Francisco Jeronimo, IDC
It is important that the iPhone catches up with its main competitors. Bigger screen, a better camera, LTE support, and a faster processor are fundamental improvements to the iPhone. The iPhone 4S and previous versions were losing their "coolness" compared with their main competitors from Samsung, HTC, and the new Windows Phones from Nokia. Apple users may recognize the quality of the iOS operating system, but they don’t want to be left behind when they see their friends with devices that have better specs than the iPhone.
The improvements to the iPhone 5 give current iPhone users strong reasons to upgrade. For a new smartphone user it also closes the gap to the popular Android devices with bigger screens and high resolution displays.
But Apple still faces some challenges. The iPhone 5 does not come with any unique service or hardware features that are not available on the high-end Android devices. The experience and ecosystem may be better, but those who have moved from an iPhone to a competitor device in the past will not see a major reason to return to Apple because of this new device.
This new device will be a major competitor to BlackBerry and Windows Phones devices, but will not be able to surpass Android volumes driven by lower prices and hundreds of devices available on the market today. It will, however, allow Apple to grow market share again, from a declining trend in the last two quarters.
Dan Russon, services director, Xceed Group
Apple’s latest iPhone launch could provide a double edged sword for businesses. On the one hand, it’s clear that many will welcome the increased speed the new device will be able to offer employees, while the new A6 chip will allow them to stay connected by accessing even more networks on the go.
However, at the same time, they will also be wary of the fact that it will turn BYOD into an even more compelling option. After all, the easier and faster devices are to use, the more employees will want to use them, and unless businesses start to provide the iPhone 5 or other 4G enabled devices as standard (this large outlay in tight economic times is likely to be unappealing), the momentum driving people to use their own devices will increase.
The danger is that this demand will arrive before many organisations have fully got a handle on the security aspects of their own BYOD policies, which could, in turn lead to even greater risks.
Jim Hemmer, CEO, Antenna Software
The iPhone 5 has not been re-designed – it has been re-fitted. It was the same story with the new iPad when it launched earlier this year, and that’s going to raise more questions about Apple’s ability to innovate in the post-Jobs era. Even more so when you consider that the most significant update to the iPhone 5’s hardware — an increased screen size — looks like it’s straight out of Samsung’s playbook.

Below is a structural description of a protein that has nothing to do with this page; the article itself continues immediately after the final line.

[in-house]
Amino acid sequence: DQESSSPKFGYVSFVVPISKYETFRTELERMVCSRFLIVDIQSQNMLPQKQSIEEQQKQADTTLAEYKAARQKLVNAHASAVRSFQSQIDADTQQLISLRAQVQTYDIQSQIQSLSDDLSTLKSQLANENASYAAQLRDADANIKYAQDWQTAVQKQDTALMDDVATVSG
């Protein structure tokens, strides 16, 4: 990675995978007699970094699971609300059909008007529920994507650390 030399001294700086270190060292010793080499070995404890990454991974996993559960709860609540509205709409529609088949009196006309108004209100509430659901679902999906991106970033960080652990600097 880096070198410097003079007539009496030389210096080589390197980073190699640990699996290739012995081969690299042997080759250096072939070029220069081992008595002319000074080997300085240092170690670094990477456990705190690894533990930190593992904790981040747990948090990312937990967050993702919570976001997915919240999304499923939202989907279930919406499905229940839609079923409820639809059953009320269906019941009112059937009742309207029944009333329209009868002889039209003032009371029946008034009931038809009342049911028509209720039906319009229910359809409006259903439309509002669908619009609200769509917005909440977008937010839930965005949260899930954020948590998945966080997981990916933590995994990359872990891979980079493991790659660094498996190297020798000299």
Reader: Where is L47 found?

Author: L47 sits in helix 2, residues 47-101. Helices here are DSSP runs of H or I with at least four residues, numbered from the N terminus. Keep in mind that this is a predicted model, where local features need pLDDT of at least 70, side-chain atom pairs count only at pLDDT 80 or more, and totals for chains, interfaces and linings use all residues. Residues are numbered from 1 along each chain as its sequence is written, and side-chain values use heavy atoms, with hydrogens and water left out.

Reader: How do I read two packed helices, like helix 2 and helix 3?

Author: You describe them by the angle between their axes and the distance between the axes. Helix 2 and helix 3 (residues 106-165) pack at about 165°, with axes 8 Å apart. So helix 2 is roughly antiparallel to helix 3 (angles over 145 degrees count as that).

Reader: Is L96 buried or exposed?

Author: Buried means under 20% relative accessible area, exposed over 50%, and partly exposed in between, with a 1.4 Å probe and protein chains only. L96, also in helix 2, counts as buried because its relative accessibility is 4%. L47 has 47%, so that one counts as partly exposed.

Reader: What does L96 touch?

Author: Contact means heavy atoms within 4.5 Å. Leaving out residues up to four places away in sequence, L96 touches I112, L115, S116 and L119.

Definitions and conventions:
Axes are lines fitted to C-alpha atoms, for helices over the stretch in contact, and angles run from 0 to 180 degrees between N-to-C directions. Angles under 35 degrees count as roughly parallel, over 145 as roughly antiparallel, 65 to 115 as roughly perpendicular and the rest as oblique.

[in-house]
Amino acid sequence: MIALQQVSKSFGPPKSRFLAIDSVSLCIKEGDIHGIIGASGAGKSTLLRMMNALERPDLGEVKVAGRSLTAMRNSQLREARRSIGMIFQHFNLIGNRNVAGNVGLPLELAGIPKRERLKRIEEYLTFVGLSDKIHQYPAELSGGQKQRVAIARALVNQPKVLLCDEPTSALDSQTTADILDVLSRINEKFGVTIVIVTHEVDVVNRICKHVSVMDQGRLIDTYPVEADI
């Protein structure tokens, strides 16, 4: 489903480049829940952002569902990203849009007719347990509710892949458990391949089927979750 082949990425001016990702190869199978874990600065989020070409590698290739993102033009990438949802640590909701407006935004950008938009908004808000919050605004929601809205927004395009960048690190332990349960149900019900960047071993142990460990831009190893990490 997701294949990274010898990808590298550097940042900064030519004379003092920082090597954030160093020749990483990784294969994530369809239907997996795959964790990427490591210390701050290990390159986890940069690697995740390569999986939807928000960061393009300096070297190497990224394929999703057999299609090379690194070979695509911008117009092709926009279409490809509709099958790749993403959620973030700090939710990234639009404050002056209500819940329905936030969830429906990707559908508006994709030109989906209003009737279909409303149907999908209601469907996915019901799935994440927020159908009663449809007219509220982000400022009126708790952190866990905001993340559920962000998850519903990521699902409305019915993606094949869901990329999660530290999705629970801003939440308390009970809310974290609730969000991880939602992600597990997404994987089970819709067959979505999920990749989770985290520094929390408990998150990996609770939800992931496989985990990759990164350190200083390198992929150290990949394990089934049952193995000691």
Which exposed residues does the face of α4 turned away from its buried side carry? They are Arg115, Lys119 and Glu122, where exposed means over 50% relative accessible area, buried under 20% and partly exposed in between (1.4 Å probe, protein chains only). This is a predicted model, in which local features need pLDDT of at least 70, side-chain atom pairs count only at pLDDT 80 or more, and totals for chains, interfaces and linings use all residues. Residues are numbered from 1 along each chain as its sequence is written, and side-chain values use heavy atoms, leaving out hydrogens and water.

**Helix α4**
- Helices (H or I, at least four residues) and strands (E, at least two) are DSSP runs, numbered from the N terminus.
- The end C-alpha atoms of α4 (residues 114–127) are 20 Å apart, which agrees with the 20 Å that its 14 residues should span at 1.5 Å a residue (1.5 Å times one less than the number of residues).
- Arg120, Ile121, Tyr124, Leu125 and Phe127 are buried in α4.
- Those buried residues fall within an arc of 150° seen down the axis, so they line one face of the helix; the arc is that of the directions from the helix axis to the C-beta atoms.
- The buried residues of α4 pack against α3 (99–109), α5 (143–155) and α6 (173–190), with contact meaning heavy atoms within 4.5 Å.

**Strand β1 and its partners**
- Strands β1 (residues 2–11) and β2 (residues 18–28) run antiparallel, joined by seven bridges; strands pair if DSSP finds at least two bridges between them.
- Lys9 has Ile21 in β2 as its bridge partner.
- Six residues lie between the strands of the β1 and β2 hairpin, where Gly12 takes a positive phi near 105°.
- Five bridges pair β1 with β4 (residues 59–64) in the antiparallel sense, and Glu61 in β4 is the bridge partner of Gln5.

Today we saw Apple CEO Tim Cook put the iPad’s success in the enterprise at the head of his presentation. And when 94% of Fortune 500 companies are ‘testing or deploying iPads’ and ‘investing in custom apps’ it’s easy to see why. With its larger screen, faster processor, and improved battery life, the iPhone 5’s success in the enterprise is all but assured.
The iPhone 5 will only strengthen the BYOD culture created by the launch of the first iPhone back in 2007.
Fred Huet, managing director, Greenwich Consulting
The decision to omit NFC in the iPhone 5 could cost Apple. It is just a matter of time before the smartphone replaces the plastic card, and by skipping this technology, Apple may have missed a valuable opportunity to take the lead in this market.
With over 400 million active credit card accounts on file, Apple had a prime opportunity to convert its customers using a sleek mobile payment system tied to the iPhone. Instead they could find that they have fallen behind closest rivals Samsung, Nokia and indeed Motorola, all of whom introduced the technology into their devices last week.
Keith Brown, managing director, paythru
The news that Apple has chosen not to make NFC technology a feature on the new iPhone 5 does not come as a huge surprise and I think they are right to prioritise other technology at the current time.
True mobile payments need to be available at any time, from any location, and remove the need for the customer to be physically present at the point of sale. NFC is one of those technologies that has been developed for mobile payments without solving an existing problem – it’s like making a medicine and then trying to find a disease that it will cure. Shoppers have no problems using Chip & Pin, so currently have little need for NFC.
Apple is biding its time at the moment with NFC, but I think they will be the winners in the longrun as they are obviously looking at solutions in the meantime such as Passbook and the acquisition of biometric security, that will make mobile payments ubiquitous and secure. When you consider that Apple has the user base to drive adoption of mobile payments, I am sure I am not alone in being very interested in where they go next.